Presenter Bio: Beth is passionate about language learning and especially about making academic content accessible to English Language Learners (ELLs). She has taught English Language Learners at many age levels and in a variety of school settings since receiving her Masters Degree in Multicultural Teacher Education from the University of New Mexico, USA. She is a certified WIDA trainer and an Affiliated Consultant for the Council of International Schools. From 2010 to 2013, she served as the program coordinator for EAL at the Bavarian International School in Munich, Germany. She currently supports schools in their quest to provide equitable education for ELLs and provides professional development for educators around the globe. Her workshops incorporate Visible Thinking Routines from Harvard Project Zero, cooperative learning structures, and strategies that make content comprehensible. She has also published TPRS based student and teacher materials for adult English Learners entitled Putting it Together, which have been translated into Spanish and Dutch.
Title: Teaching Proficiency through Reading and Storytelling (TPRS/CI) (EUR 250 + 25% VAT)
Abstract: TPR storytelling (TPRS) is a method for teaching foreign languages that has thus far been shown to be profoundly successful with students of almost all ages and all abilities. It focuses on language acquisition through Comprehensible Input. During this one-day workshop, you will acquire some Mandarin in a fun way, experience the magic of TPR storytelling, learn the 3 steps of TPR storytelling and practice some TPR storytelling strategies. Dr. Stephen Krashen will be joining this workshop as a special guest.
Special guest: Dr. Stephen Krashen, an enthusiastic student of Mandarin. He will have a supporting role in the presentation, commenting on TPR Storytelling practice and how it relates to current research and theory.
TPR Storytelling (TPRS) workshop includes:
A Mandarin Chinese demo
Theory and research about Second Language Acquisition (SLA)
Total Physical Response (TPR)
The three steps of TPR Storytelling
TPR Storytelling teaching strategies
Intended audience: TBA
Presenter: Linda Li
Presenter Bio: Linda Li was born and raised in Shanghai, China. She is a master teacher and an author as well as an experienced TPRS trainer. Linda has presented on TPRS at school inservices, workshops and conferences around the world. She co-authored Beginning Mandarin Reader “Who is good looking” with Dr. Stephen Krashen. She is also the co-author of “I Love Learning Chinese” (Books 1, 2), containing TPRS teaching materials for beginning students. Linda has taught Mandarin to middle and high school students as well as adult learners for over 10 years. Her experience includes teaching at a number of international schools in China, Thailand and Saudi Arabia in addition to an urban school in Denver, Colorado. Linda is currently teaching Mandarin at American Embassy School, New Delhi, India.
Special Guest: Stephen Krashen, "the most influential voice in second language acquisition for about four decades" (The New Indian Express, September 26), and an enthusiastic student of Mandarin. Dr. Krashen became a strong supporter of TPRS after attending Linda Li's Mandarin class ten years ago. He will have a supporting role in the presentation, commenting on TPRS pratice and how it relates to current research and theory.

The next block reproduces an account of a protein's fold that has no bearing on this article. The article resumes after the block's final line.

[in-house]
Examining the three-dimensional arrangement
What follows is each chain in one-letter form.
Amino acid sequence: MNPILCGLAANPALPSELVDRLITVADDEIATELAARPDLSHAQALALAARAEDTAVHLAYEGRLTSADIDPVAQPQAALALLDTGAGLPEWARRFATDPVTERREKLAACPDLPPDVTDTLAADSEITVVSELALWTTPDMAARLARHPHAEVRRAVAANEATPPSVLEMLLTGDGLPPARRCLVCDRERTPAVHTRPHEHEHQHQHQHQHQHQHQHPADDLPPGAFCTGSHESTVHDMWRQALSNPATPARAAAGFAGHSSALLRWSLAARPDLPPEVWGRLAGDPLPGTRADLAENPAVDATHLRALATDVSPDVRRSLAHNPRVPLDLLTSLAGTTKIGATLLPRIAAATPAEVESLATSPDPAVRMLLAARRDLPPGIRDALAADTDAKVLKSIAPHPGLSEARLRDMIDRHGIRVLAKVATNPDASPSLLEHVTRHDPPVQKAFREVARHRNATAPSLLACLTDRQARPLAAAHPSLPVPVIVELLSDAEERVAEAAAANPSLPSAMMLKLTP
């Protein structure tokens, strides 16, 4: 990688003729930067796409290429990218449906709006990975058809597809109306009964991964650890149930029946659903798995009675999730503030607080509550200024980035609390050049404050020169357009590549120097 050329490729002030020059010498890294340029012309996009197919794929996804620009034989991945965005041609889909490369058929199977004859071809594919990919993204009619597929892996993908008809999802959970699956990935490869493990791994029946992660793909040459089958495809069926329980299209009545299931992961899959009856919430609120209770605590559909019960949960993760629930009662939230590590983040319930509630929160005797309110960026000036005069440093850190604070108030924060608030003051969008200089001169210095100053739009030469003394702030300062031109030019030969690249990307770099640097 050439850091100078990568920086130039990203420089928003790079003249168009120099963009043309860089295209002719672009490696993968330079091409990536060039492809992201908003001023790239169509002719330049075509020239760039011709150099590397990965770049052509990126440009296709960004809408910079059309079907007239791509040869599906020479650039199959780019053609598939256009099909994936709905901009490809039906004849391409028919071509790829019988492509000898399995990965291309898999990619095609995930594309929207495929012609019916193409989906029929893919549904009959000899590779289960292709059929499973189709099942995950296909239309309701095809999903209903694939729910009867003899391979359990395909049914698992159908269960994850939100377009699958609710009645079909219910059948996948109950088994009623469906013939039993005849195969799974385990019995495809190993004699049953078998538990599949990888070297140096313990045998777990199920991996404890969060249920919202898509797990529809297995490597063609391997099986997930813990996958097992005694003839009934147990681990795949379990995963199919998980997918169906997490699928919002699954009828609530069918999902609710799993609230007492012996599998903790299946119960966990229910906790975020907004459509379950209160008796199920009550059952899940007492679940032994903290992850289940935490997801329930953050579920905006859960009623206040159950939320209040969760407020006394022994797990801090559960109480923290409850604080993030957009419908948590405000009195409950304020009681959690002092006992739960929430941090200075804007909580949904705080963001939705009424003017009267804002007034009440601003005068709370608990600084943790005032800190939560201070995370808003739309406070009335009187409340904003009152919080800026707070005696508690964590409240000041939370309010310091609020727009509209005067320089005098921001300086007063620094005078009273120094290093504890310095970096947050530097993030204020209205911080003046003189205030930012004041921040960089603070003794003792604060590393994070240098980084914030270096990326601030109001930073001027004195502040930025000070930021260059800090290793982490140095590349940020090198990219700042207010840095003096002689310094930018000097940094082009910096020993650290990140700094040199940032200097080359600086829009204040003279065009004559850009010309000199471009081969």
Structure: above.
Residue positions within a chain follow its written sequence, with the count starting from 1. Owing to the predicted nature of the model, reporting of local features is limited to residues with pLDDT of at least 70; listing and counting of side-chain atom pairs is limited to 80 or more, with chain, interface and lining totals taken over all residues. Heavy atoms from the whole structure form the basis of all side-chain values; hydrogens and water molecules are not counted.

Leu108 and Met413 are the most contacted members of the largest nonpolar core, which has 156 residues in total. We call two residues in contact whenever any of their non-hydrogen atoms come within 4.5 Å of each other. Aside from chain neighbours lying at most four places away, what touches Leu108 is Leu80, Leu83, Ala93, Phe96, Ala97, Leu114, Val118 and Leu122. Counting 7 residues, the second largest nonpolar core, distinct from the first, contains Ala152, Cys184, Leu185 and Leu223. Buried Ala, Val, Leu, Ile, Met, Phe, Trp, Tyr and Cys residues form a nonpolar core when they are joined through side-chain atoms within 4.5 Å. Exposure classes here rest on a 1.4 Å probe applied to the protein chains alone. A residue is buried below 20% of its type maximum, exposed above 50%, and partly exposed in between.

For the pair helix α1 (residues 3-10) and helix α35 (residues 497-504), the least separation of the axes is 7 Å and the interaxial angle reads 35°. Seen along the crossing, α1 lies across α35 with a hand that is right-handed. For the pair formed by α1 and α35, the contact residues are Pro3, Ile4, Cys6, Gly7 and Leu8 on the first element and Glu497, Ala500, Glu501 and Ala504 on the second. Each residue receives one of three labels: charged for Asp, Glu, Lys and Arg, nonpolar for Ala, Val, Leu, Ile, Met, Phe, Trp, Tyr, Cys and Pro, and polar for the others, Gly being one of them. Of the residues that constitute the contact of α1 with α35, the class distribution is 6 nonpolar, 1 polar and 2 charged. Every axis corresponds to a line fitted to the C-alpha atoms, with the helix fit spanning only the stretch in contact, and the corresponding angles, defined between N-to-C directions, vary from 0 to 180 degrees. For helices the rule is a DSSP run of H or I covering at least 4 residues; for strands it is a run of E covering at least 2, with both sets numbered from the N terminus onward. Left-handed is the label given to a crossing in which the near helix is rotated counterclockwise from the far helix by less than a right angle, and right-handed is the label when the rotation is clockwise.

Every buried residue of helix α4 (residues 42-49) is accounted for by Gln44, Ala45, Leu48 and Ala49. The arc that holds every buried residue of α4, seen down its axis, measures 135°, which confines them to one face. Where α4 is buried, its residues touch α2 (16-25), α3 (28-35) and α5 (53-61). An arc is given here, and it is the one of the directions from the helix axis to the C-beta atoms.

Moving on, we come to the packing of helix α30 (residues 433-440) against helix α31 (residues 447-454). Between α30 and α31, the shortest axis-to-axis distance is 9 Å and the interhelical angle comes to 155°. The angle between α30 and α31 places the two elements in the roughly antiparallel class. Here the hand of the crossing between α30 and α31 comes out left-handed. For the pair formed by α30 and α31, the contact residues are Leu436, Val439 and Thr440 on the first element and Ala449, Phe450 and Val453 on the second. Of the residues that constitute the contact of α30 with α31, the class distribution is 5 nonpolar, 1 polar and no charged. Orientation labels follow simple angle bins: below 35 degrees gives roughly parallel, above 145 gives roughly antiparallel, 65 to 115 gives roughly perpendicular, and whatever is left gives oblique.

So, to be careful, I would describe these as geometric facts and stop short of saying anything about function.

Title: Integrating Educational Technology with ESL Teaching (EUR 250 + 25% VAT)
Intended audience: "Learning to speak another's language means taking one's place in the human community. It means reaching out to others across cultural and linguistic boundaries. Language is far more than a system to be explained. It is our most important link to the world around us. Language is culture in motion. It is people interacting with people.” -Savignon (1983)
Effective learning is an inherently social and highly-connected process, and nowhere is that more evident than the language classroom. Technology can provide us with a powerful vehicle for connecting us and our understandings across languages. Used creatively, it can allow for significant choice and certainly amplify our individual voices. The goal of this hands-on workshop is to explore technology that will enhance your classroom learning community. We will actively explore tools and strategies that can be used to engage and support students within a language-learning context. This workshop is appropriate for teachers of all ages as all activities can be differentiated to work across different grade bands. As this is a hands-on, practical workshop, participants must bring a laptop or tablet that can connect to the internet.
Presenter: Sheldon Bradshaw
Presenter Bio: Sheldon is a passionate believer in technology’s ability to connect us and amplify our ideas. Currently the Director of Information Technology at the International School of Prague, he has also taught in China, Indonesia, Japan and Kuwait over his 18 years in international education. Sheldon has been an Elementary and Middle School teacher as well as a technology coach before taking on his current role. He is an Apple Distinguished Educator and has been an Apple PD Consultant and PYP Workshop Leader. Please connect with Sheldon on Twitter at @sbradshaw.